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Surveillance applications – the new normal

Inside Telecom Staff

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Surveillance applications

It has been widely circulated lately, that governments in countries around the world have been using anonymized and aggregated phone tracking to help combat COVID-19. The next wave of technology is digital contact tracing. At the moment, these are optional applications that combine Bluetooth’s Relative Signal Strength Indicator, a duration timer and a masked identifier to timeline individuals who come into contact with new COVID-19 cases. However, to be effective, the application needs a large proportion of a country’s population to voluntarily install them.

It is likely that these applications will become a part of our daily lives after the current pandemic. The debate at the moment is if we should allow these systems to be developed and used by countries or agree a cross-border solution. In Europe, this is currently being discussed and the European Union’s privacy watchdog has now called for a central European application, rather than a state by state approach. 

A couple of weeks ago, Europe also looked at options for cross-border phone tracking between and also within countries to tackle a pandemic like COVID-19. This idea didn’t take off, however, last week, the European Union announced the impending arrival of its own contact tracing application. Known as the Pan-European Privacy-Preserving Proximity Tracing (PEPP-PT), the program is expected to launch initially in Germany. The Chancellor Angela Merkel is reportedly a fan of the application but she will then face the challenge of converting other European Union countries that are now following their own plans.

TraceTogether is another model with a similar approach. The application, from Singapore, shares information on proximity when another device with the same application is installed within close range. The phone are able to work out the approximate distance between the users and the duration. The data is then kept for 21 consecutive days. Once a new patient with the application is registered, the authorities are able to contact anyone who is potentially at risk. 

There are numerous diverse approaches for anonymized phone tracking already in place. Location data is sourced from mobile networks in Europe and access to billions of data records is collected by the mobile marketing industry in the United States. This data is able to provide answers to social distancing, isolation and changes in behavior however, it doesn’t overlap into contact tracing. Google also added data to the mix a week ago, it was similar to the rest.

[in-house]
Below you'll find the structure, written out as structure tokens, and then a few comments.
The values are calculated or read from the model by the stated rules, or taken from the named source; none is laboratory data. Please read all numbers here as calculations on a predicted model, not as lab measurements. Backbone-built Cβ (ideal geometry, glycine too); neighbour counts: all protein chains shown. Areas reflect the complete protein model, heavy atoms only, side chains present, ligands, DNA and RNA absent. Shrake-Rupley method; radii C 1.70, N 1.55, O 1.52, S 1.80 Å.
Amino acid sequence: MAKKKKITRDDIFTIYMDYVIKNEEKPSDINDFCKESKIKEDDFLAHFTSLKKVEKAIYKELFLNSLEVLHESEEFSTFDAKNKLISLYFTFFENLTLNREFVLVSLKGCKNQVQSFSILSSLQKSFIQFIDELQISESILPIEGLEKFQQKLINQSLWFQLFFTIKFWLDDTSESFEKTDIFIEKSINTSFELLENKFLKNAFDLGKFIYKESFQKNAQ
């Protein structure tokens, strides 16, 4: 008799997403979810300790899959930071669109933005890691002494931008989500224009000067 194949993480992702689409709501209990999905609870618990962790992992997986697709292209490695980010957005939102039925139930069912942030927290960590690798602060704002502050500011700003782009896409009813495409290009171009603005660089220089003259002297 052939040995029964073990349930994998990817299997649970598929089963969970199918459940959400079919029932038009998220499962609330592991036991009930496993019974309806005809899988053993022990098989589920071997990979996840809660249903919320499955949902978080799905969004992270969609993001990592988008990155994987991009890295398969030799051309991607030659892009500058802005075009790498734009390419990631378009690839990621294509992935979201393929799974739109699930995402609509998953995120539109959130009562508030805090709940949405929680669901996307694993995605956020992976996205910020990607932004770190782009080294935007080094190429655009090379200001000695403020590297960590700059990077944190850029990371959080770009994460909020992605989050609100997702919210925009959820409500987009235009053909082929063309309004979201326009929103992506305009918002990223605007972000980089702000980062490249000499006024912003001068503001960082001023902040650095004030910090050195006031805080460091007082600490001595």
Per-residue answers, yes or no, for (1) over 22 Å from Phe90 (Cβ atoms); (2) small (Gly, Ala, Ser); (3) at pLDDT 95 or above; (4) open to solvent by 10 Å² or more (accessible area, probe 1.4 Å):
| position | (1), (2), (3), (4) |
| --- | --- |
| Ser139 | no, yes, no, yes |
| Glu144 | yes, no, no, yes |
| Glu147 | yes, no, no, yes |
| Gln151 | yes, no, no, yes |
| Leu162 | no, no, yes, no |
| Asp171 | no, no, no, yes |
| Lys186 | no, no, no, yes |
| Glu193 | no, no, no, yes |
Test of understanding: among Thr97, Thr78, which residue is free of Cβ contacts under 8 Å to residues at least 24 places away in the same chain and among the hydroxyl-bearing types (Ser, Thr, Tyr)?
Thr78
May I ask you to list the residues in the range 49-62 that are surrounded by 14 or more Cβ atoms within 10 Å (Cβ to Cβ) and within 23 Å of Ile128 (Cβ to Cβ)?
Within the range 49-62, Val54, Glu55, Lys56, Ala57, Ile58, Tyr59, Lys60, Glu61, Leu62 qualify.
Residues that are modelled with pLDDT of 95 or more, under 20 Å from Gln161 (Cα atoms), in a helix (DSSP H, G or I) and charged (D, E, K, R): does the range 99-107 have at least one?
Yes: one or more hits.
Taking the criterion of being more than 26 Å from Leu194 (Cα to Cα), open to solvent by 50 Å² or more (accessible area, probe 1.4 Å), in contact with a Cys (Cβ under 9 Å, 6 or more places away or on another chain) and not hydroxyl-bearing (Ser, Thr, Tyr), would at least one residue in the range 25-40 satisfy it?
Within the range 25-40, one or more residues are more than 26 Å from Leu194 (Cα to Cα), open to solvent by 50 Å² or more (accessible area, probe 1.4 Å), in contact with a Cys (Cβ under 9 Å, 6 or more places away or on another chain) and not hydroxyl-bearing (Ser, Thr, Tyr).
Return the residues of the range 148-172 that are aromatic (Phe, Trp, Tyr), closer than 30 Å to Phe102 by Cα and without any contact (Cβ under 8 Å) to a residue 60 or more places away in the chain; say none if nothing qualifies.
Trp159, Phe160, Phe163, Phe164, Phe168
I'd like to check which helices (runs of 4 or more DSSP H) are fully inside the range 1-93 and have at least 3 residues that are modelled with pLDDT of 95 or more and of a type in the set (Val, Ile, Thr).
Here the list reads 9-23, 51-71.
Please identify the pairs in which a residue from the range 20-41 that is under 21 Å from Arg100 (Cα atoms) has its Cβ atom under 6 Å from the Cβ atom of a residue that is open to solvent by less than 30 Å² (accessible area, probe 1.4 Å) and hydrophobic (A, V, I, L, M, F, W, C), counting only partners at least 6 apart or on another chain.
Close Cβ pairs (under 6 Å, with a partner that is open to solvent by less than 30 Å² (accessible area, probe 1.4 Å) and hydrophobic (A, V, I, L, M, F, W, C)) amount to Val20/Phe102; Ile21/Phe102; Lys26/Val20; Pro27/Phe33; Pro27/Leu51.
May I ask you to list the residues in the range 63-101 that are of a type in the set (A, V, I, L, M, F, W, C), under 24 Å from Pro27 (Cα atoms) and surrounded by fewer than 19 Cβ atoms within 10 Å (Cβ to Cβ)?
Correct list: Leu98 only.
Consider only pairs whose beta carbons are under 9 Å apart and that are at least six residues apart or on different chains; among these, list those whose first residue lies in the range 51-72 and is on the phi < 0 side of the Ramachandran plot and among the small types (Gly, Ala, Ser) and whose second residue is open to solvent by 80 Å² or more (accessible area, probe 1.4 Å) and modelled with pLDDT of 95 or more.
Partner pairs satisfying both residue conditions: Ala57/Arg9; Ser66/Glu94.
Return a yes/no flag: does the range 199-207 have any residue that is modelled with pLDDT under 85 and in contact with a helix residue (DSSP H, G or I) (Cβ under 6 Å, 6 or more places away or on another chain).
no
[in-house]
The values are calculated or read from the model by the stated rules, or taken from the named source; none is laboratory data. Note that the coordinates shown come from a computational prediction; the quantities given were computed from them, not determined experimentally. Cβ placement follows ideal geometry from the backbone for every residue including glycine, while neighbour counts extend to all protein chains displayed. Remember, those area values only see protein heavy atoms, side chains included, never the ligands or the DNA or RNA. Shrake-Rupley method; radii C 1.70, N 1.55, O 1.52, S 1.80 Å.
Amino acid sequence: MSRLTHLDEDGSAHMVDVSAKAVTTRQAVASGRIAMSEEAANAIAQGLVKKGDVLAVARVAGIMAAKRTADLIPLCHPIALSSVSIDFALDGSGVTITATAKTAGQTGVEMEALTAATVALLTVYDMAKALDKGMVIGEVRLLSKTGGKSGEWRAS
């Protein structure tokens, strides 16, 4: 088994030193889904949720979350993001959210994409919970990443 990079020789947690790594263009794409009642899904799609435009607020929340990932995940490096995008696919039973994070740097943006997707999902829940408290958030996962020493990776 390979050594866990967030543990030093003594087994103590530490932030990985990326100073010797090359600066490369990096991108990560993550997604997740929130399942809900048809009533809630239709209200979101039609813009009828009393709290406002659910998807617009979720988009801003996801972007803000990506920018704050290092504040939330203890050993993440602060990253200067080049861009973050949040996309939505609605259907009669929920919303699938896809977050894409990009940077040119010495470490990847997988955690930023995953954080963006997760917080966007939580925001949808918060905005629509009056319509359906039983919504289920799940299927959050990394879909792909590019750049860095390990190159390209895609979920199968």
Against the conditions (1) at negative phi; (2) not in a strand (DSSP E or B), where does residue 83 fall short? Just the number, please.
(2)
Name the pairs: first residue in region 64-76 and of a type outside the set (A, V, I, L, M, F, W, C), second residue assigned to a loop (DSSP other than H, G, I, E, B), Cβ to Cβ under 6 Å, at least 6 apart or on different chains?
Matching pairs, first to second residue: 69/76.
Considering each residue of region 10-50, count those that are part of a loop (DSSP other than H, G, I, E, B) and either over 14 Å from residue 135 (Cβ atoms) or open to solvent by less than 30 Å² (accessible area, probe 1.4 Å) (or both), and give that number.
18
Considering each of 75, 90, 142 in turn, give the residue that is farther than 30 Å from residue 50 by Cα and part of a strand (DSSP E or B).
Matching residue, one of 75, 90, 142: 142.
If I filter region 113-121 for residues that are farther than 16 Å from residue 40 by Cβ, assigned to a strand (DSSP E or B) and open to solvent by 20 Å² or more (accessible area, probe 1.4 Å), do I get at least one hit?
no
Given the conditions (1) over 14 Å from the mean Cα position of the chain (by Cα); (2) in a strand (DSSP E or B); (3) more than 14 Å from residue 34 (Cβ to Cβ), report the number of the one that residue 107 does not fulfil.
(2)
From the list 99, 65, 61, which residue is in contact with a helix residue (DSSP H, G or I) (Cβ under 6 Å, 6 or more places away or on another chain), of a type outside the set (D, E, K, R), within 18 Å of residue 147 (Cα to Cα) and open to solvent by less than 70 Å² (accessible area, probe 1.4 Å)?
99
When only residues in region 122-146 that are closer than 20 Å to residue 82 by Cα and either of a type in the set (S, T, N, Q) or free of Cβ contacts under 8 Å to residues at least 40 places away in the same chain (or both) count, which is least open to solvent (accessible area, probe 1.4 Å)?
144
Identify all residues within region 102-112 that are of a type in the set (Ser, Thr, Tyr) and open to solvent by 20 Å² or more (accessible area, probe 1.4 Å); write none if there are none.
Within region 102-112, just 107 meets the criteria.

In China, phone tracking for contact tracing has been used and had a substantial impact. For example: We know you were sitting next to Patient A on the train last week, you may now be infected. Israel also announced the use of counter-terror location tracking for the first time on its own population. However, privacy issues have prevented in the creation and development of these technologies.

The same privacy concerns are likely to divide contact tracing applications too. A team at University College in London has come with an alternative to PEPP-PT which focuses on decentralization and claims that its DP-3T system stops any personal data from leaving a device. 

The United Kingdom has its own plans for a Bluetooth contact tracing application, however this would be run by the government. A report from Wired, said that on April 7th the NHS is considering using the application as a means to enforce social distancing and to warn people if they get to close to others. This comes after a huge debate within the country as to whether or not lockdown is being adhered to. The main issue here is that those that are breaking the rules, will obviously not opt-in to any such application. For this reason the NHS denied these plans.

Of course, the downside to optional plans is the proportion of the population that need to opt-in and install the software for it to be of use. Tracing phones without upsetting the public is a huge concern and so too is asking individuals to install an application and run it on their phones. Despite surveillance issues, the reality is that the contact tracing that China used is the most effective method of ensuring this works.

In recent weeks, the conversation around smartphone tracking has taken-off. Both Europe and the US have now deployed programs and are also looking into the next steps as they attempt to battle this health emergency. Current privacy compromises were unimaginable a couple of months ago.

It will become apparent in the near future as to whether or not the population will trade their freedom for the greater good and install applications that will detect movement and warn on contact. If this does not work, the authorities may perhaps have no option but to look into the digital means integrated into tracking technologies that are already in use. Phone tracking will not cease to exist when Europe and the States relax lockdown restrictions in the summer. There is now the requirement for population and infection monitoring, contact tracing, permission to return to work, isolation and quarantines, and the possibility of further lockdowns next winter. From a surveillance perspective, this new normal has just started.